Thursday, August 31, 2006

Memories of Liege..

Medieval city of staircases and prince-bishops, ghosts of tapestries past, and post-industrial anomie. A city with many names: Liege (French), Luttich (German), Liuk (Flemish/Dutch). The city breathes out smoke, and sucks in history. Sizeable Arab and Italian populations give the city a cosmopolitan air, but nowhere is there glamour. I fall in love with the jazz on its streets (especially in the Carré), late into the night watching musicians enter, kiss each other and unzip saxophones, while I sip biere Trappiste with new friends I only half understand. An Italian guy with fat fingers bangs out standards on an electric piano with effortless grace, while a guy I will know later as Mimi plays guitar with such fluidity I lose my breath. Miles was here just before he died (last year).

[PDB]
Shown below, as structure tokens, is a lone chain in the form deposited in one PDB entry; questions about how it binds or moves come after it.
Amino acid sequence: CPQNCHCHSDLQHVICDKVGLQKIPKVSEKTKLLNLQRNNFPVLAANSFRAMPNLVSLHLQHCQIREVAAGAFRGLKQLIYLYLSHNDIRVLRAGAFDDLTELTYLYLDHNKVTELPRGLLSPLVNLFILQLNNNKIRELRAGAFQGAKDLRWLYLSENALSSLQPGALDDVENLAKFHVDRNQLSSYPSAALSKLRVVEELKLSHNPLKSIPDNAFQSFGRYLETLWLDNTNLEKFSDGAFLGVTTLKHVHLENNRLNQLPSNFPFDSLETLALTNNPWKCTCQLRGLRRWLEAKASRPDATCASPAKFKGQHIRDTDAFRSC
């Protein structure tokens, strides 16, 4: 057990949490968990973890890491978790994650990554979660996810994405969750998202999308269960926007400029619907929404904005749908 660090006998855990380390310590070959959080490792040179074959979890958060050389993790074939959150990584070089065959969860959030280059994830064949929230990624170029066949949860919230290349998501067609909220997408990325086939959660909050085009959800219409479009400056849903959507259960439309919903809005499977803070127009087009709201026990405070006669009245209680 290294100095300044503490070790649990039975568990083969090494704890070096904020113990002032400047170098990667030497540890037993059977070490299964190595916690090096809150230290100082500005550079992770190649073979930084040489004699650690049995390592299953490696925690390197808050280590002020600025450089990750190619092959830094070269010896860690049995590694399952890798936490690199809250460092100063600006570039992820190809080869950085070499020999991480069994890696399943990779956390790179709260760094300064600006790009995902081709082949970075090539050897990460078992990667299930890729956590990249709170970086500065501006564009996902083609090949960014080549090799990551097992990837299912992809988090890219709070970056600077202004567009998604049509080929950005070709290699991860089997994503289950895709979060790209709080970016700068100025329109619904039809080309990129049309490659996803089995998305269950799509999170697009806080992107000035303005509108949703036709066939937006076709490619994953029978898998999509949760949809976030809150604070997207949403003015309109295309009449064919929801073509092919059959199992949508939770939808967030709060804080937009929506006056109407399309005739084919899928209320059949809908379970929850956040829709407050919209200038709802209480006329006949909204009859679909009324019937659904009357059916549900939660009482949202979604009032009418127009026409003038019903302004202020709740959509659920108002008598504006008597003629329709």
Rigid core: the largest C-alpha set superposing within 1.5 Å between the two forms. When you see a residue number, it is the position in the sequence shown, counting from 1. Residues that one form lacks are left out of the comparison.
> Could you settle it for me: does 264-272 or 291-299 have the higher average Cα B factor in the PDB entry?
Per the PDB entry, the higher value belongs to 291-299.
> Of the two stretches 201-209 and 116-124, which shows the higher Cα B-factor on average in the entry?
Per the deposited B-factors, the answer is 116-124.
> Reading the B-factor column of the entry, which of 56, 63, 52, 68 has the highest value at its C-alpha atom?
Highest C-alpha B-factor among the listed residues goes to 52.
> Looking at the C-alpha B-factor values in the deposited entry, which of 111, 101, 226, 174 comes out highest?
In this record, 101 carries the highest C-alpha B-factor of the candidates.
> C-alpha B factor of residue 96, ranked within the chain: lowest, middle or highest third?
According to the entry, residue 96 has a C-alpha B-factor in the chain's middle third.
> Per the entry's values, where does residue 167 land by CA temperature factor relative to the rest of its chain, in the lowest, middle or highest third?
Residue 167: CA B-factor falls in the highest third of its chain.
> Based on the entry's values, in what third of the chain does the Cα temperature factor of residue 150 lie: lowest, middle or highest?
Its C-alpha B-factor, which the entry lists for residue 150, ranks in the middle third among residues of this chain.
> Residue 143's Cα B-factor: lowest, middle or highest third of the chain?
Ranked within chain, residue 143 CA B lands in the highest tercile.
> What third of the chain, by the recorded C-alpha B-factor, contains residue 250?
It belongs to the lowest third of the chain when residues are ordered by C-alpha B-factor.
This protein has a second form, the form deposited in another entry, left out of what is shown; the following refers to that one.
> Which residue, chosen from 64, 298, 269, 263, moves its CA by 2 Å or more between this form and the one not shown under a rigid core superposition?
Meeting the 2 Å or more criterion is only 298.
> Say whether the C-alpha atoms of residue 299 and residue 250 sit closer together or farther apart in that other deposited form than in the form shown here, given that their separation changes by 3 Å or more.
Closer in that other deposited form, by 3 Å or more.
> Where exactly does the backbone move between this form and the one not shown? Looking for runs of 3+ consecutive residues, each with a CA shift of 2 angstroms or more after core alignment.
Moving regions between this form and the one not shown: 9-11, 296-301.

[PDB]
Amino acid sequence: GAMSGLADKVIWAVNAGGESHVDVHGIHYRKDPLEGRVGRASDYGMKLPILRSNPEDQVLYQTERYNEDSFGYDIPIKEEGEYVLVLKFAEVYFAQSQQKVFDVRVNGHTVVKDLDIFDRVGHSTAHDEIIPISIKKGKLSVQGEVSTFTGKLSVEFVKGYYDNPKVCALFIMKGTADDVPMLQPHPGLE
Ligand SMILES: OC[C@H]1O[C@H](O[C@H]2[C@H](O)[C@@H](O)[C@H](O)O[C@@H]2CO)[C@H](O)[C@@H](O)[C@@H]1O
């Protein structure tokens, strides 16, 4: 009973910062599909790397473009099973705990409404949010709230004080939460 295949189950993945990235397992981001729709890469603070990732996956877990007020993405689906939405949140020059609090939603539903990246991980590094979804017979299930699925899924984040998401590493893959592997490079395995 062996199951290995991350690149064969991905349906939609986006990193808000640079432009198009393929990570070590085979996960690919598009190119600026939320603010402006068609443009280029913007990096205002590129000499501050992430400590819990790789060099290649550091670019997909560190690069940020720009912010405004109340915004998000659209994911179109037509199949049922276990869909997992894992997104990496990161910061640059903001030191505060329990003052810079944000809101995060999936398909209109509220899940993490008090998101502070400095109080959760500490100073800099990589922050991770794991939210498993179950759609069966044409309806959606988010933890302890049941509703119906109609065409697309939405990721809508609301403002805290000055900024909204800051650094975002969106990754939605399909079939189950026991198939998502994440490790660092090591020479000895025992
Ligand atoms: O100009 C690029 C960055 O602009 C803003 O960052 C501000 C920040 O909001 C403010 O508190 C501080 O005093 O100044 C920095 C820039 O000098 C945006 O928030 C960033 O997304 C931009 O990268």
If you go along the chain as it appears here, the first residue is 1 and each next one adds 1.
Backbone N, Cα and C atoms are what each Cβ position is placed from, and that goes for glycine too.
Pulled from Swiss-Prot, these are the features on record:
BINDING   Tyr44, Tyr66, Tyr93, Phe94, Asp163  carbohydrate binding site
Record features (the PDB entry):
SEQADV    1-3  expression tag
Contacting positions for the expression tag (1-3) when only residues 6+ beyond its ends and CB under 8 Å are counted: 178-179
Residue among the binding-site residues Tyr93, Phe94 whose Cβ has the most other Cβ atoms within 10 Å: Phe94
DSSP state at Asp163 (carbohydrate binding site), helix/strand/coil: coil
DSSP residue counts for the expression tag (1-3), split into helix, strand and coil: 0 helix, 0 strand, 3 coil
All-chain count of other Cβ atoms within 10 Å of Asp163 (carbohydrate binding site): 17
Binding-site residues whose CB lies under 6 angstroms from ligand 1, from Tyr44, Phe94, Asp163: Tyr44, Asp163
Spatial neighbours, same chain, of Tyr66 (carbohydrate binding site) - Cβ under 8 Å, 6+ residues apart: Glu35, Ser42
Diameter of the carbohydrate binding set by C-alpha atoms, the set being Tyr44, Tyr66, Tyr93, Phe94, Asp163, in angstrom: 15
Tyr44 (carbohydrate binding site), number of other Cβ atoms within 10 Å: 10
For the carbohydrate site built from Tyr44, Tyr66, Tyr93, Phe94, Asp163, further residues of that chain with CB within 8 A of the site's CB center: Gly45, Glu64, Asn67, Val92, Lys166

In the afternoons, prostitutes stand in patent leather pleasure gear on the cobblestones behind the cathedral or lurk in lurid green windows in a slightly rancid corner of my memory. My Corsican philosophy professor meets his belle after class, smoking Lucky Strikes, a Woody Allen movie transferred to the continent. I am reading Derrida in French, Paul Auster in English, and becoming European. A man runs amok in the square by the Cathedral, holding a meaningless placard. He disappears into the Cathedral shouting. Here, the Church is still a place from which people come and to which people go. A fellow philosophy student has fallen in love with Rilke (ten years later, so will I). She is anxious, nervous, radiating energy and insight. She wears tiny spectacles. I cannot remember her name. She runs up a huge flight of steps four times (up the Montagne de Bueren) to exhaust herself. I fall in with a group living in a medieval house: Flo the philosopher (an Ingrid Bergman lookalike), George the edgy Greek (with a passion for the ancient Greek alphabet), Olivier, Flo’s beau. We drink wine round the table and eat winter food. Trips to Bruges, to see off the lover-that-was on her way back to the UK; trysts in the octagonal tower on her return. The nuns walk gracefully across lawns, swans float tragically in the river.